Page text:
Analyst: Mortgage rate pressure to weigh on PTSB

Pressure to lower mortgage rates will likely weigh on the profitability of 75%-State-owned Permanent TSB (PTSB) over the coming years, according to Davy Stockbrokers.

Analyst: Mortgage rate pressure to weigh on PTSB

In a research note published yesterday, analyst Emer Lang said the home loan lender will have a return on equity of 2.3% and 3.7% in 2017 and 2018.

That compares with valuations on European banks which suggest they currently have much higher returns on equity.

Shares in PTSB — in which the Government sold a 25% stake to investors over a year ago — have been under pressure for some time.

Nonetheless, PTSB shares climbed 6% yesterday to 200 cent, but are down over 56% since the start of the year.

The slide quickened in the last three weeks since it became clear that Fianna Fáil, with the support of Sinn Féin and other deputies, would secure the support in the Dáil to legislate to empower the Central Bank to impose some sort of controls over mortgage rates.

PTSB could have the most to lose if the legislation were to pass into law, because it is the most exposed to mortgage lending of the Irish banks bailed out during the crisis.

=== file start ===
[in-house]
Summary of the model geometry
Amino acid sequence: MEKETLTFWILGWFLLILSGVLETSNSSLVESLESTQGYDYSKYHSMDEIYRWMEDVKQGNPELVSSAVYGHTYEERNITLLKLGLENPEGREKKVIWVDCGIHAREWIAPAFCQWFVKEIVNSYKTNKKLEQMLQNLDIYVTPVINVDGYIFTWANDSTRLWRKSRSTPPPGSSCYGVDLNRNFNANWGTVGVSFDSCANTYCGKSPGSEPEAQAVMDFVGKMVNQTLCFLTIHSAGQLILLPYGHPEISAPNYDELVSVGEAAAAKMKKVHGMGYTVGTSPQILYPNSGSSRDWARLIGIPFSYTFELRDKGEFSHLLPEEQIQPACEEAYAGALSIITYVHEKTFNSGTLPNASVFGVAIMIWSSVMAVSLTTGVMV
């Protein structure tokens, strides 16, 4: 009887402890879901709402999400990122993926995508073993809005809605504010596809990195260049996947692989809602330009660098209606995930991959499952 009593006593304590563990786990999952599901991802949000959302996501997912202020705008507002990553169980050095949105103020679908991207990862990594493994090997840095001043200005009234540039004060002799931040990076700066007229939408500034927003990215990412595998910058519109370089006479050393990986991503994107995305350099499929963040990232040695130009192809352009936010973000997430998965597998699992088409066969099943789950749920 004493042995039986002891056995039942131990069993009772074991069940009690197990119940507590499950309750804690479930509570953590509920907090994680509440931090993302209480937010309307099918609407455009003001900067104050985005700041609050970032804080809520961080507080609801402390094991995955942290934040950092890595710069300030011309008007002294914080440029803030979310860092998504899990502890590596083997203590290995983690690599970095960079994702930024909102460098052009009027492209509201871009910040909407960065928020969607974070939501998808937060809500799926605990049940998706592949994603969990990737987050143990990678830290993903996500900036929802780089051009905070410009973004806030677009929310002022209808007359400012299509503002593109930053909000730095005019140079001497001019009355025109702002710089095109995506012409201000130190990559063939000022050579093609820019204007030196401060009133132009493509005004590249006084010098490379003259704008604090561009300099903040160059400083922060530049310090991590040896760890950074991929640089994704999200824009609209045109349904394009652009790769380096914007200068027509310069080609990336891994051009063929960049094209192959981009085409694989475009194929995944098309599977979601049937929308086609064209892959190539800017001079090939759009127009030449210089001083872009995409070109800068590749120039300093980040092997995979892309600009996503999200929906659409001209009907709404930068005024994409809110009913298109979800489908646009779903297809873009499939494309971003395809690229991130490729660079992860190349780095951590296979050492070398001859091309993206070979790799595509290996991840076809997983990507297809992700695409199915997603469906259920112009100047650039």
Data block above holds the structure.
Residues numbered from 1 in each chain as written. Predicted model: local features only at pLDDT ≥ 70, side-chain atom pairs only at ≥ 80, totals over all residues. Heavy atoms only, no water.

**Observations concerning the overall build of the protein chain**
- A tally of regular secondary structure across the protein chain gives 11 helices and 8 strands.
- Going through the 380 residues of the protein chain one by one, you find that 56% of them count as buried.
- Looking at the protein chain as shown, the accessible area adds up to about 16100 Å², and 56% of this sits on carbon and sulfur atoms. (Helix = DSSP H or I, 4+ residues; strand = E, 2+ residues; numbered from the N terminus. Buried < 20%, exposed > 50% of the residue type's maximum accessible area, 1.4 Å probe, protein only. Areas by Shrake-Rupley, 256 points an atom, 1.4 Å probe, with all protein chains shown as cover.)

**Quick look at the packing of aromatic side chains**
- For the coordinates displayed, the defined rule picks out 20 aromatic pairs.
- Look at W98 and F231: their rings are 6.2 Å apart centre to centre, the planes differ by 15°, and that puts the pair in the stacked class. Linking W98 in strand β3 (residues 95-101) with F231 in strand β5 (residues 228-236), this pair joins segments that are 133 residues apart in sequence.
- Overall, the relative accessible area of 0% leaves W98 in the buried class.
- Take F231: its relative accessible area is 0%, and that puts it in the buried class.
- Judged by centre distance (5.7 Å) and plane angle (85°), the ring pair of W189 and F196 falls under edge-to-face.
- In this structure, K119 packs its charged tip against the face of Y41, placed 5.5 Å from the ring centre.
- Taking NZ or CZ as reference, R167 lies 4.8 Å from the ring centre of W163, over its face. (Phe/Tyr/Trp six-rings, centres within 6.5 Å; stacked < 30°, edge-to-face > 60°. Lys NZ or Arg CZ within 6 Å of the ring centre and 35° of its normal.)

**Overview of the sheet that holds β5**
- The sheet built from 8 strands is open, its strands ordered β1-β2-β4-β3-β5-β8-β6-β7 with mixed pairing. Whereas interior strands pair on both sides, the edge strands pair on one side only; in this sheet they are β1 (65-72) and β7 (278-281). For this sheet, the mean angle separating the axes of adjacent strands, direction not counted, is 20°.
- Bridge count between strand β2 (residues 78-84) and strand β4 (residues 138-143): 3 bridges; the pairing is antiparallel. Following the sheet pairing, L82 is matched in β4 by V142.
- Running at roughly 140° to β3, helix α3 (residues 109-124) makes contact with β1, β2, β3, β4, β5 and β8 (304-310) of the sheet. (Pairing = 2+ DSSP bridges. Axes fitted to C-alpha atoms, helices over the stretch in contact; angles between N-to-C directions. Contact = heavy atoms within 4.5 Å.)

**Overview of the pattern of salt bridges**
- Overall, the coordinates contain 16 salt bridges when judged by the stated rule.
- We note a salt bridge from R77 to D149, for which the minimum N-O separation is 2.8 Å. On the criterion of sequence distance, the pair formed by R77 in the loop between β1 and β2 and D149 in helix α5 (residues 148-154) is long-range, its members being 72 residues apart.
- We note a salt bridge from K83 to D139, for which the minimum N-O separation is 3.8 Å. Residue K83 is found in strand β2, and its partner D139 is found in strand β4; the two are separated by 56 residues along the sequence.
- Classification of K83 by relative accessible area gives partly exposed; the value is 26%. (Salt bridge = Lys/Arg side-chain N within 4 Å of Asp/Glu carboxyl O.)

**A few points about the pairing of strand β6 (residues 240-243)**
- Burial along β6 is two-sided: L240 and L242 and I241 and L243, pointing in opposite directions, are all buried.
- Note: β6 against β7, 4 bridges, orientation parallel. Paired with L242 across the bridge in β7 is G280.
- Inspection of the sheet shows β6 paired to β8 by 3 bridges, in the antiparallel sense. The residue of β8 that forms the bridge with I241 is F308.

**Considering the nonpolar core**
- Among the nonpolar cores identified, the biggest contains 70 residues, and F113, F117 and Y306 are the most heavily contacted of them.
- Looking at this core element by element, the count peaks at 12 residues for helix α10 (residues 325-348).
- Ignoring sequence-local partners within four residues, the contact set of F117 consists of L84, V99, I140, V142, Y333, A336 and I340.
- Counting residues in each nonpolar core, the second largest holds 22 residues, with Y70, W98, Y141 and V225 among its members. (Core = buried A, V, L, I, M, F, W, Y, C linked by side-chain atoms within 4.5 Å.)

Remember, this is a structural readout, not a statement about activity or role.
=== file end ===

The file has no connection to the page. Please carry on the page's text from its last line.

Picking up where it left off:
Fiona Hayes at Cantor Fitzgerald said the shares had been “oversold” in recent weeks.

Ms Lang at Davy said that while “the mortgaging pricing environment remains a downside risk” to the bank’s margins, and while “legislation to cap mortgage rates remains on the table”, the passing into law of the legislation is “likely to be drawn out”.

PTSB’s plans to sell off the remainder of its UK lending book, CHL, will boost the lender even though the disposal will likely be delayed to next year, she said.

However, “intensifying mortgage pricing pressures will continue to weigh, driving our 2018 return on equity — adjusted for surplus capital — from 5% to 3.75% — versus 8.4% a year ago,” the Davy analyst said.

“Factors which are largely outside the bank’s control include a disproportionate regulatory cost burden — up to €62m per annum — increased political-competitive pressure on mortgage rates, and the impact of a Brexit-driven delay in deleveraging its residual UK portfolio,” she said.

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